You could not wipe the smile off the face of Isis Holt after the bubbly Victorian high school student won a silver medal for Australia today in the women’s T35 100m final at Rio 2016.
From lane two, Holt gave it her all and crashed heavily to the track shortly after the finish line, only to spring straight back to her feet with a beaming smile knowing she would climb her first Paralympic podium.
China’s Xia Zhou set a new Paralympic record time of 13.66 to claim victory but couldn’t touch Holt’s world record of 13.57 set in April this year. Holt (13.75) held off Great Britain’s Maria Lyle (14.41) for the silver medal while Queenslander Brianna Coop finished fourth in 15.56 seconds.
Holt, 15, entered the race as the reigning World champion, but knew the Paralympic Games would be a massive step up. For that reason, she immediately dismissed any suggestion that she was feeling disappointment with her second placing.
“I didn’t expect to run that well and I’m very happy,” Holt said.
“The other competitors were all incredibly, incredibly fast and it’s great running against such strong competition. That’s what they came here to do and they definitely delivered.
“It reminds me that I can do anything. I hope that in the future I can come back and do it all again.”
Holt was also quick to praise the performance of the new Paralympic champion.
“She is an incredible athlete. I’ve never raced her before but she proved herself to be amazing and I think coming out here for the first time and achieving a result like that is unbelievable,” Holt said.
Holt’s silver medal was just one of the highlights on day seven of competition for the Australian athletics team at the Rio Olympic Stadium.
In the women’s T37 long jump, Jodi Elkington-Jones broke through for her first medal at a major championships when she won the bronze.
A veteran of two World Championships and the London 2012 Paralympic Games, a proud Elkington-Jones paid tribute to her family, her support staff and her home town of Wodonga after her third jump of 4.30m secured her place on the podium.
It capped a whirlwind week for the 23-year-old, who had been bedridden with illness in the Athletes’ Village over the weekend.
“It’s a dream come true, finally. All the hard work has paid off, not just over the past four years but over the last ten,” Elkington-Jones said.
“To finally say that I’m a Paralympic medallist, I’m ecstatic.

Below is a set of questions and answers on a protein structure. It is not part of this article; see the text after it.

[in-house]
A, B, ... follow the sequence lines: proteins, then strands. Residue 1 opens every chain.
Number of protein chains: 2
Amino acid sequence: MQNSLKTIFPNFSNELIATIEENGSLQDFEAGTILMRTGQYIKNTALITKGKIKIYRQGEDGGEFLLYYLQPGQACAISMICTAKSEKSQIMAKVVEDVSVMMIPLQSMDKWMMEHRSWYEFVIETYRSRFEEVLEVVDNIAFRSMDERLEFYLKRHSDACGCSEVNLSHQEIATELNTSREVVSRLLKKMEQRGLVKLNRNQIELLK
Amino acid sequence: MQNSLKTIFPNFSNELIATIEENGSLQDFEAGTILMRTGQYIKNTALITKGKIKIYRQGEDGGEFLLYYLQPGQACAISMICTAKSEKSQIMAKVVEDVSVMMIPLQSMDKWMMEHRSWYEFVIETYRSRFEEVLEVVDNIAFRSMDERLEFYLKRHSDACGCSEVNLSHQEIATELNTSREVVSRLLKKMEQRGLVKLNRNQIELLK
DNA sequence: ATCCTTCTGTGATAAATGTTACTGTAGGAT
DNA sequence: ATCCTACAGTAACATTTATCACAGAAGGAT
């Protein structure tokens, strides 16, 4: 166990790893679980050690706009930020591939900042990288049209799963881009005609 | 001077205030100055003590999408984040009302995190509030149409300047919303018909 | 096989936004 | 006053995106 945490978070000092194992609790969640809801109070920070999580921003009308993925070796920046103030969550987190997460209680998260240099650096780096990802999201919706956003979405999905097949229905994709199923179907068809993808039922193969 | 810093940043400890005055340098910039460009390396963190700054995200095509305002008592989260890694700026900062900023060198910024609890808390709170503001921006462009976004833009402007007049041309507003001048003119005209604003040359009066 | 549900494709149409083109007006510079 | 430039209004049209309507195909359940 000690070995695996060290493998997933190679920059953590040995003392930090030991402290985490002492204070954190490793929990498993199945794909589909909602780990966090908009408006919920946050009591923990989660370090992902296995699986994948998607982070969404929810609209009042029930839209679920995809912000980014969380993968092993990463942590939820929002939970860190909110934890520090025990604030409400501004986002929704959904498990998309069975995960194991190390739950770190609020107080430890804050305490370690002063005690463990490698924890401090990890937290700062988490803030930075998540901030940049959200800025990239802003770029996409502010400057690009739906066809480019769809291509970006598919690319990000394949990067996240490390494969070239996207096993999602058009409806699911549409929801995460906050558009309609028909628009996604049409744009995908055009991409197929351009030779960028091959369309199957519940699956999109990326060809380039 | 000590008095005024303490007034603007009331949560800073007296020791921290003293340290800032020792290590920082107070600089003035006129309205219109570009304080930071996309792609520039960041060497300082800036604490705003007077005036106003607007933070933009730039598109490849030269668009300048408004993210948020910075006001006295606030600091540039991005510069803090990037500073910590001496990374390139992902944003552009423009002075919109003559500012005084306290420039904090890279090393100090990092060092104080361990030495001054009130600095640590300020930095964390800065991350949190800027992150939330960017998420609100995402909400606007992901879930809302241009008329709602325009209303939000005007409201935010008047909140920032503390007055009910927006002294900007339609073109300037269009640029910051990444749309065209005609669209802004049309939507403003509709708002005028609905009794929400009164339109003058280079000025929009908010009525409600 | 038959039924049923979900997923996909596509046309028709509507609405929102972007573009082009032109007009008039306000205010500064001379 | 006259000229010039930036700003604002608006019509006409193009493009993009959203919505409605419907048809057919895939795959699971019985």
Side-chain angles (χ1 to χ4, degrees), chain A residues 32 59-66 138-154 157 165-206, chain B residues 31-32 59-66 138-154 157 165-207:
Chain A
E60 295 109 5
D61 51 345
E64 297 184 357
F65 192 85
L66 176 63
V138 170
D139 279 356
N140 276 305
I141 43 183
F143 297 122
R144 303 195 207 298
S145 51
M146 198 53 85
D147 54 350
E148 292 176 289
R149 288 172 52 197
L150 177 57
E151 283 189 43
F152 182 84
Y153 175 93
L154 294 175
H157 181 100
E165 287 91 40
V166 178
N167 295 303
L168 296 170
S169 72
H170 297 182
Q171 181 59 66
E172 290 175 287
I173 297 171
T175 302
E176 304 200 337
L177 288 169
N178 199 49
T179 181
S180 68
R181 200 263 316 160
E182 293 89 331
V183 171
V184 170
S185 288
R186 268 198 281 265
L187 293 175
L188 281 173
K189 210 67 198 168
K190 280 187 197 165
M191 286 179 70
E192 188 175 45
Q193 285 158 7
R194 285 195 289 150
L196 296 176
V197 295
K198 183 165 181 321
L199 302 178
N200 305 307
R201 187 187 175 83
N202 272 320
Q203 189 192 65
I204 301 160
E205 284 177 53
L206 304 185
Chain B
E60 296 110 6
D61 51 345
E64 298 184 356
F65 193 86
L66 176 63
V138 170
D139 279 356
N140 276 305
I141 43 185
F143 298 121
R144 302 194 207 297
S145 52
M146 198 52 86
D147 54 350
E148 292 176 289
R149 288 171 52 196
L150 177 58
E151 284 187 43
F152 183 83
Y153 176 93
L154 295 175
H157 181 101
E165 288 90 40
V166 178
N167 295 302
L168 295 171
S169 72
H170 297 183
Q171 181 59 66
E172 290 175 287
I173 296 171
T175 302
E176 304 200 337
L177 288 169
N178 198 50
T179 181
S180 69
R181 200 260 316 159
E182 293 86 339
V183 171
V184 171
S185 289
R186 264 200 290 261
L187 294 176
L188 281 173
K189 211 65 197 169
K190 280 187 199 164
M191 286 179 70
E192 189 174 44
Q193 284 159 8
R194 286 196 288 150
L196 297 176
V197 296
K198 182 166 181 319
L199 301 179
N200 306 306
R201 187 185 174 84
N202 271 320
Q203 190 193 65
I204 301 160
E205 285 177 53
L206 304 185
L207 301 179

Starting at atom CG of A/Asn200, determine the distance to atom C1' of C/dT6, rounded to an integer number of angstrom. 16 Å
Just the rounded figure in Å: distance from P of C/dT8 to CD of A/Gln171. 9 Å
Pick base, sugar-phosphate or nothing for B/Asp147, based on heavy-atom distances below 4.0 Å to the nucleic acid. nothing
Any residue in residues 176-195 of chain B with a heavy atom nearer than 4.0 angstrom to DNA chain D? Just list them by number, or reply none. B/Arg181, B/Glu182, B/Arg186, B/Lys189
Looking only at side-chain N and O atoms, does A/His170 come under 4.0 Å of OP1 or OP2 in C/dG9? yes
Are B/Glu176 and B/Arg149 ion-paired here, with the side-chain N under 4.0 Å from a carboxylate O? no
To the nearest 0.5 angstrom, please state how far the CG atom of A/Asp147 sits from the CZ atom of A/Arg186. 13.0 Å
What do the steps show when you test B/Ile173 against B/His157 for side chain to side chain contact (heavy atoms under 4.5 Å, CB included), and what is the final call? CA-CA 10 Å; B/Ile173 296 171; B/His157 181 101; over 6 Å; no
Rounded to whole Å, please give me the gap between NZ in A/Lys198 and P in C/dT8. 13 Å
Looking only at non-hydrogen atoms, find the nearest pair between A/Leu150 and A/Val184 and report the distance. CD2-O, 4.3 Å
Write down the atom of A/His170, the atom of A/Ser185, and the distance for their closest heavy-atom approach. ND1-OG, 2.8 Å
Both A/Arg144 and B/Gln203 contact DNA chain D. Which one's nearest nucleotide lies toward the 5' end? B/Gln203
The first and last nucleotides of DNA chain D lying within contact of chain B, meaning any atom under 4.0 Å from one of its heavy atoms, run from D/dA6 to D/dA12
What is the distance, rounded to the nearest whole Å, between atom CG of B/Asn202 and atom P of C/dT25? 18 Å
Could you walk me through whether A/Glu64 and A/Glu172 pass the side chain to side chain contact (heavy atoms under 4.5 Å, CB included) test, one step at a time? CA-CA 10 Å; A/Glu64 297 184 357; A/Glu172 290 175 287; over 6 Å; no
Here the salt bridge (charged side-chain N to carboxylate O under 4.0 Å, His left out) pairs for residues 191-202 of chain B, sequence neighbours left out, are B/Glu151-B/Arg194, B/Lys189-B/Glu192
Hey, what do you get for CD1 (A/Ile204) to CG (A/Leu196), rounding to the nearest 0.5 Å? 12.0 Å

“I did get sick on Friday and I’ve in bed for the past couple of days. So to get out here and jump so well means I’m pretty proud of myself.”
China’s Xiaoyan Wen set a new world record of 5.14m with her fourth jump to clinch gold, while Germany’s Fanziska Liebhardt (4.42m) took silver.
“The final was up and down. I knew I was going into it in good shape, especially in the past couple of weeks, I’ve been hitting my marks,” she said.
“My coach and I pictured this for a couple of years ago. This was our goal and I’ve done it.”
“My parents and family are here which is special, but most of all this goes to my husband. He’s the one who’s been there every day I come home happy, come home sad – he’s the one who looks after me and supports me. Without him, I wouldn’t have been able to do this.”
Bundaberg’s Rheed McCracken was the other medallist today, winning bronze in the men’s T34 800m final.
Already with a silver medal to his credit in the 100m, McCracken was perfectly positioned at the bell and made his move with 250m to race. But Mohammed Alhammadi (UAE) met the challenge and stormed to victory in a Paralympic record time of 1:40.24, while world record holder Walid Ktila of Tunisia (1:40.31) also kept McCracken (1:41.25) at bay.
“The two boys ahead of me are outstanding. They deserve everything they get,” McCracken said.
“They went out really hard and I just tried to hang on as long as I could. I thought I could hear someone coming up behind me and I got bit nervous because my arms were burning, but I managed to hold on.
“I’m stoked. I can’t believe I’m on another Paralympic podium,” McCracken said.
Meanwhile, Rosemary Little finished fourth in the women’s T34 400m final, while Torita Isaac ran a new personal best in the women’s T38 400m final from lane eight to finish fourth.
Isaac, renowned as a 100m and 200m sprinter, said this experience over the longest sprint distance will hold her in good stead for Tokyo 2020.
“I think I went out too hard too early. The adrenaline was pumping and I was probably overthinking things. But you live and you learn these things,” Isaac said.
In heats action, Madi de Rozario progressed to the women’s T54 5000m final from heat two, while Christie Dawes finished 11th overall and missed qualification after getting caught in the slower first heat.
Disappointingly, Richard Colman was knocked out of the T53 800m – an event he won in London 2012 and Athens 2004. He took the silver in Beijing 2008.
But without doubt, the best performance from an Australian in the heats today came from Scott Reardon, who was ultra-impressive in the men’s T42 100m.
From lane four in heat two, Reardon set a new Paralympic record time of 12.26 to qualify fastest, and looked like he had plenty more to give in the final.
However, he will go head-to-head with Great Britain superstar Richard Whitehead and arch-nemesis Heinrich Popow from Germany, in what will be a blockbusting final tomorrow at 6:17pm Rio time.
The Australian Paralympic Athletics Team has won 14 medals in Rio – one gold, five silver and nine bronze.